Many people, when they first get a credit card, tell themselves that they can handle the temptation that their credit cards represent. They firmly believe that there’s no way they’ll let themselves get into trouble with one – and then they get to the store and see the $500 leather jacket or the sunglasses or the running shoes or the brochure for the cruise to Tahiti.
Credit cards let us get many of the things we want when we technically can’t have them because we can’t afford them. As such, they’re very tempting to use and abuse, and many people rack up enormous, critical debts with them. Unfortunately, credit card debt - when it gets bad – will reach out and affect every area of your life. If you think the resulting bad credit report and bad credit score won’t bring you down, think again.
Credit card debt very often leads to defaulting, and that leads to a terrible credit report. If you’re unable to pay your debt, consider talking to your bank or issuer about credit card forbearance options before the situation becomes worse.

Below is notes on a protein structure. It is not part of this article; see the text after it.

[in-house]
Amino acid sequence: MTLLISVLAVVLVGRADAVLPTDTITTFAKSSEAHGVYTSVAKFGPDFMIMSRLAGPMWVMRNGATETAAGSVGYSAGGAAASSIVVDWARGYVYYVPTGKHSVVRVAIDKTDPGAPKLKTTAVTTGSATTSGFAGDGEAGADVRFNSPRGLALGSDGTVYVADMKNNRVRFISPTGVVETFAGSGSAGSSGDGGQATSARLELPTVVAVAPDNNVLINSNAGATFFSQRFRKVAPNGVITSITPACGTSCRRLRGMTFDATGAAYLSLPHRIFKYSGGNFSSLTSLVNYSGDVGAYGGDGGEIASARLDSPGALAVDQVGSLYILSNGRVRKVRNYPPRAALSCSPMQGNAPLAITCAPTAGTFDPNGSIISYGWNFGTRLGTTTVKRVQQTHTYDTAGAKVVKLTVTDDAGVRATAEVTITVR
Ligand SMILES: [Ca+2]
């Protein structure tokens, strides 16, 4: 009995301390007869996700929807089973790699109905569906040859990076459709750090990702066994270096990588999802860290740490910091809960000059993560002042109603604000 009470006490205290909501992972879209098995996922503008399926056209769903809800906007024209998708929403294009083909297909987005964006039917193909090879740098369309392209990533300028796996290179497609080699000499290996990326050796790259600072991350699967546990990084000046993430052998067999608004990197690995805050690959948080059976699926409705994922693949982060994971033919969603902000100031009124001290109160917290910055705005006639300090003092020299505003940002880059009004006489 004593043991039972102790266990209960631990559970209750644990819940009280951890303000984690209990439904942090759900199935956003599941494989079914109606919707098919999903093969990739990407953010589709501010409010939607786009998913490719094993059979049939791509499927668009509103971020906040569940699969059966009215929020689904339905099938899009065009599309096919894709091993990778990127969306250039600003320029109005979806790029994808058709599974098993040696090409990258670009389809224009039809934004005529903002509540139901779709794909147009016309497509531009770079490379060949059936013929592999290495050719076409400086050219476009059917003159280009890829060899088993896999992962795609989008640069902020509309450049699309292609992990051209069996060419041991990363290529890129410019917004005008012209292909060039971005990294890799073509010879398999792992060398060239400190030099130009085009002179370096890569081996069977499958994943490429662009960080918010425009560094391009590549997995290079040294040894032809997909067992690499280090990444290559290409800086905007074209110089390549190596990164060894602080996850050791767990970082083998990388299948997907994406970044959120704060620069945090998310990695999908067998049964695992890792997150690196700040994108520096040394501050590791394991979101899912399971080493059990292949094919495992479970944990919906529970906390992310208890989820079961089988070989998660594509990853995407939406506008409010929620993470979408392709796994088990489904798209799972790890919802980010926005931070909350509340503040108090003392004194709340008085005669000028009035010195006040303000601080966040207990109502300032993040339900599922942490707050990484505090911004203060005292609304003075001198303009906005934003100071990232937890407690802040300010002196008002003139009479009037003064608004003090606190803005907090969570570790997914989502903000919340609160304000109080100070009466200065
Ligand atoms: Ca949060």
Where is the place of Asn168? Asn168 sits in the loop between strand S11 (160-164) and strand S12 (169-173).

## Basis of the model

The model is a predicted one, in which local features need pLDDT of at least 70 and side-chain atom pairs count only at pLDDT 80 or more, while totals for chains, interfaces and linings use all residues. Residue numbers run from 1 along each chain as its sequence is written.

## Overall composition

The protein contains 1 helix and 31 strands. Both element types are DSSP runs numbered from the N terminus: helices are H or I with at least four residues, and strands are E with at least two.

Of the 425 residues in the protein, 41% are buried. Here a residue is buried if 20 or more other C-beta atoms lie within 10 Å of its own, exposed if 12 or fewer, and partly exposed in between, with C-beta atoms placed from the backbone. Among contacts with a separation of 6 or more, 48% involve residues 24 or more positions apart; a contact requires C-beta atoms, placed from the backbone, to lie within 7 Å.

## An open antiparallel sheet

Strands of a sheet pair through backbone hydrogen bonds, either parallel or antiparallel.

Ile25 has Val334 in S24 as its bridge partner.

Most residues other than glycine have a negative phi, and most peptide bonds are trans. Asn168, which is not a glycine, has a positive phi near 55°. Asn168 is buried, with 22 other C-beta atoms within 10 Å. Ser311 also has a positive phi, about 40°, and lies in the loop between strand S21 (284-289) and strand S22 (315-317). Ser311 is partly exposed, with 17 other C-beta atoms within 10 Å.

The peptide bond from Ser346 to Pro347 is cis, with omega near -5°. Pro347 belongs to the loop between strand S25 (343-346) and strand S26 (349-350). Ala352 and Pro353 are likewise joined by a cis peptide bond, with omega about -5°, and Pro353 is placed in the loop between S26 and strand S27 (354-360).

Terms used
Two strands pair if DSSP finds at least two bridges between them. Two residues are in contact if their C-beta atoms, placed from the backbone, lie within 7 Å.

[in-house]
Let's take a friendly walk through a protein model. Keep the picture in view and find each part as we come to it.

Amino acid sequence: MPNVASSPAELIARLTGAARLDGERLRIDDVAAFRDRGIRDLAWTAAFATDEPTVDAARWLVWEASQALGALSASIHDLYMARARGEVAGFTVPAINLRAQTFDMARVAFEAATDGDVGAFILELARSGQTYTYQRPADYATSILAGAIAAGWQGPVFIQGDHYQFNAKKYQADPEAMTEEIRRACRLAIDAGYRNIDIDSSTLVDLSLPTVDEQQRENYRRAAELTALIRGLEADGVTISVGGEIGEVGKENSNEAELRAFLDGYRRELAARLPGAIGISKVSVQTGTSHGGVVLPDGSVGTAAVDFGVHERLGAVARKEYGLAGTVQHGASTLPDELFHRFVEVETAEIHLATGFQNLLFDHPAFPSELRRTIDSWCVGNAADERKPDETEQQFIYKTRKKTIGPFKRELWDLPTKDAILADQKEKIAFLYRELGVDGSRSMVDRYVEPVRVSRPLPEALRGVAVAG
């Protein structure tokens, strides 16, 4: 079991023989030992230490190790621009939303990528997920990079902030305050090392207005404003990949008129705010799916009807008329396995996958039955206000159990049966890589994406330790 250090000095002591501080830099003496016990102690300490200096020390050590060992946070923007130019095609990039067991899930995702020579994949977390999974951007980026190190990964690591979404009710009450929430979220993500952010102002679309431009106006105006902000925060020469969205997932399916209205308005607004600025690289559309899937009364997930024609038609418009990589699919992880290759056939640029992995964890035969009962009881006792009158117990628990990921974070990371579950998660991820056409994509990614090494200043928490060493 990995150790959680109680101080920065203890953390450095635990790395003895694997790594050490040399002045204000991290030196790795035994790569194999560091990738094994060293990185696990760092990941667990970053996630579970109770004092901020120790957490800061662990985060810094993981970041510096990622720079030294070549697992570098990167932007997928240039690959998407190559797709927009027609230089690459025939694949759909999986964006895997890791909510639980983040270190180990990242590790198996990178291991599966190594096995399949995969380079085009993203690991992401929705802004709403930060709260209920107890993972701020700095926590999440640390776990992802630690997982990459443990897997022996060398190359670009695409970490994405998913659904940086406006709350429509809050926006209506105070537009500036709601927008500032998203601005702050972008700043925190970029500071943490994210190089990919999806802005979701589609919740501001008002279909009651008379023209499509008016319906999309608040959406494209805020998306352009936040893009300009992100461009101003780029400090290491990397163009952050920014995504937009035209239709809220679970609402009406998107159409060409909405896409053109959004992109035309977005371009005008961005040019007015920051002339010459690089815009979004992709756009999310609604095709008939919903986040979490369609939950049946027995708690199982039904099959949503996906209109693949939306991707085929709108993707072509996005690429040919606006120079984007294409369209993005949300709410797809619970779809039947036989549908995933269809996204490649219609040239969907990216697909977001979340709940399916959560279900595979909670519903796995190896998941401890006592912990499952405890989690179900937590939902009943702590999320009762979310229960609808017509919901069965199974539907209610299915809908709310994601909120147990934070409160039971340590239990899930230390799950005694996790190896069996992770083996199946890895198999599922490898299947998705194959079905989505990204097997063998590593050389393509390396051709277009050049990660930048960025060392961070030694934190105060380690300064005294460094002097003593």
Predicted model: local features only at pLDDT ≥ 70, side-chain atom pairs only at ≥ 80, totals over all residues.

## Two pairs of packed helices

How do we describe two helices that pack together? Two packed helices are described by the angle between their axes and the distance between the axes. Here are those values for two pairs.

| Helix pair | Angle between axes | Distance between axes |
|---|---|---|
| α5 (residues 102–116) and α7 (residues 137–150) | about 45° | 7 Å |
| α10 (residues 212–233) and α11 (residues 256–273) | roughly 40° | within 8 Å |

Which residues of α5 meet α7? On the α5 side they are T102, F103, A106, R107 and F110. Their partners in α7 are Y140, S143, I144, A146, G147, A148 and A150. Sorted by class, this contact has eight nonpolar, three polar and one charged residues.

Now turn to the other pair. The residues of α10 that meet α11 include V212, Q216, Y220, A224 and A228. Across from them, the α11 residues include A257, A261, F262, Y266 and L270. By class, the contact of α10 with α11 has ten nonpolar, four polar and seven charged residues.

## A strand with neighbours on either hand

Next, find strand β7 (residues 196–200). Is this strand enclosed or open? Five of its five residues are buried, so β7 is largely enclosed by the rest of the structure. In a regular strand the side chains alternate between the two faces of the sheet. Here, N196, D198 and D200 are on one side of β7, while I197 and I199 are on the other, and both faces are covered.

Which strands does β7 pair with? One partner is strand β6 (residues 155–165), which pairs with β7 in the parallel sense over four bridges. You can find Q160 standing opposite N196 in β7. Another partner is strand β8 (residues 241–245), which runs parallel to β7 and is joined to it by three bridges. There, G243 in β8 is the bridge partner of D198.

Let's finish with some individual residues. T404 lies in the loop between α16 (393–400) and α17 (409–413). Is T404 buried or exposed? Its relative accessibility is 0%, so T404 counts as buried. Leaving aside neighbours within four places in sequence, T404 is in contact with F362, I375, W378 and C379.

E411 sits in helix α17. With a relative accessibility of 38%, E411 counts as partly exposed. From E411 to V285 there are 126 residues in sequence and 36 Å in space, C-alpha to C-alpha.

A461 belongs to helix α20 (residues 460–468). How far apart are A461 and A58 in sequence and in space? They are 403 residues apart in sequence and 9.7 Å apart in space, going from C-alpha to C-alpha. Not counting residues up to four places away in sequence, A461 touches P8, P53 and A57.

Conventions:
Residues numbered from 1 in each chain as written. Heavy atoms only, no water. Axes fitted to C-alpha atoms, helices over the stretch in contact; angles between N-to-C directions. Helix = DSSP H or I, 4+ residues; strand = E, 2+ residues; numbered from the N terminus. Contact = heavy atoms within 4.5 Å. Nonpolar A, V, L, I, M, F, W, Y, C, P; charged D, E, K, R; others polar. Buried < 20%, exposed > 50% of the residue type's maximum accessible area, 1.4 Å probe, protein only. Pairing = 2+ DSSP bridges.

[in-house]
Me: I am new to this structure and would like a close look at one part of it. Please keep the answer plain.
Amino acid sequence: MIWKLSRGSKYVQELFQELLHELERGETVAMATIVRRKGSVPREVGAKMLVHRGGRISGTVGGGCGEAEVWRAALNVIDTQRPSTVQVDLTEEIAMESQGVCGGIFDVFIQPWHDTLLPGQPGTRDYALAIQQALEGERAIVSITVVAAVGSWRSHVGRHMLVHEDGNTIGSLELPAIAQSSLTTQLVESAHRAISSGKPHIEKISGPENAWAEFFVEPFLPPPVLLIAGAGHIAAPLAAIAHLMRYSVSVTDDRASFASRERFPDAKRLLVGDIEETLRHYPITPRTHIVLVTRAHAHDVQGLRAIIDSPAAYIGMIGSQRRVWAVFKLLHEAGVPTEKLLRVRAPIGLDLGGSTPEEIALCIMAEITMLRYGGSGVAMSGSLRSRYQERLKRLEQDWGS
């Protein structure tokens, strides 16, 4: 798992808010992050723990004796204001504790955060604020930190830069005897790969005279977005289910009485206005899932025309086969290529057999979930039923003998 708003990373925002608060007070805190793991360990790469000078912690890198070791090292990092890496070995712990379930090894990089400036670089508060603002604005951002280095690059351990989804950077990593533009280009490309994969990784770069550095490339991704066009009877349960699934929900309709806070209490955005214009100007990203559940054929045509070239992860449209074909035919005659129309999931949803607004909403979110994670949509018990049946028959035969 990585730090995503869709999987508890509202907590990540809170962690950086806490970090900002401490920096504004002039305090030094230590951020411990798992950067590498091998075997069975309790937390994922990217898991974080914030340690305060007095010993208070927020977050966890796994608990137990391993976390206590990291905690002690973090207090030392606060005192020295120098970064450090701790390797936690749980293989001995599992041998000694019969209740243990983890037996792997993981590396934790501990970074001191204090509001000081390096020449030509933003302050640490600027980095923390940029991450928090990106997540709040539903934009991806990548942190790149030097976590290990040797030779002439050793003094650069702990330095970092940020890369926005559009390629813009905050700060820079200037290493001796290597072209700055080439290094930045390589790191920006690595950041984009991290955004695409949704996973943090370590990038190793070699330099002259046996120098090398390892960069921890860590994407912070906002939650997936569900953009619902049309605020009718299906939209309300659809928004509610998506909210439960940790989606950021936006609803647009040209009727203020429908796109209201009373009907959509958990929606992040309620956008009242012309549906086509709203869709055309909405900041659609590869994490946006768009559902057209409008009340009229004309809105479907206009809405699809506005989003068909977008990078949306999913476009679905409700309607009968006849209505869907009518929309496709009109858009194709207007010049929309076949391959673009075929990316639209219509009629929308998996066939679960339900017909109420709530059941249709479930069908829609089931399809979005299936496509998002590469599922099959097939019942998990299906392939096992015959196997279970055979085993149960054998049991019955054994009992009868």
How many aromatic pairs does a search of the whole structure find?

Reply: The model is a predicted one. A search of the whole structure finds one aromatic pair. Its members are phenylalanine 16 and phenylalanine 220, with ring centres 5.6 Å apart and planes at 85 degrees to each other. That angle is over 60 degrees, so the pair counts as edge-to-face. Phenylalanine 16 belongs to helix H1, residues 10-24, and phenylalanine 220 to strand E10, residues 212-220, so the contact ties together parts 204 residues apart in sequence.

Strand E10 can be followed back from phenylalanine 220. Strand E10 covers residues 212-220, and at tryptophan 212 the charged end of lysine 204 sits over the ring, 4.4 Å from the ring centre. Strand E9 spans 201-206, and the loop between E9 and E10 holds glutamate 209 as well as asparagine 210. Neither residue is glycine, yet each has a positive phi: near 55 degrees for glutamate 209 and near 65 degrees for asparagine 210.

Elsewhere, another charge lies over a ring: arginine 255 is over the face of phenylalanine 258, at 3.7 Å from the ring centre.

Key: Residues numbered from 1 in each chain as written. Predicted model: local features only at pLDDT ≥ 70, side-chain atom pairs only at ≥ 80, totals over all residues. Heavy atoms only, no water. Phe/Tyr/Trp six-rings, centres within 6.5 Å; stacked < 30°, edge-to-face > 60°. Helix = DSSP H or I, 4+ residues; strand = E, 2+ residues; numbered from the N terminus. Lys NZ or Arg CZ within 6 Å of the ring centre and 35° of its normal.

If you give yourself self-inflicted credit card wounds, you can say goodbye to a decent mortgage loan – and a decent home. You can say goodbye to affordable student loans – and the hope of a better job, and a better life.
Credit card debt not only results in greatly reduced options due to bad credit reports, it also has a massive impact on a person’s self-esteem and happiness. People with overwhelming debts often feel that they have failed miserably in their lives, and have “really screwed up.” Debt can and does trigger depression as well as dangerous substance-abuse escapism from reality.
Put it all together, and credit card debt and the problems it creates can soon consume a person who doesn’t try to get out from under it. The good news is that debt counselors and various organizations are all available to help people find solutions to their financial problems.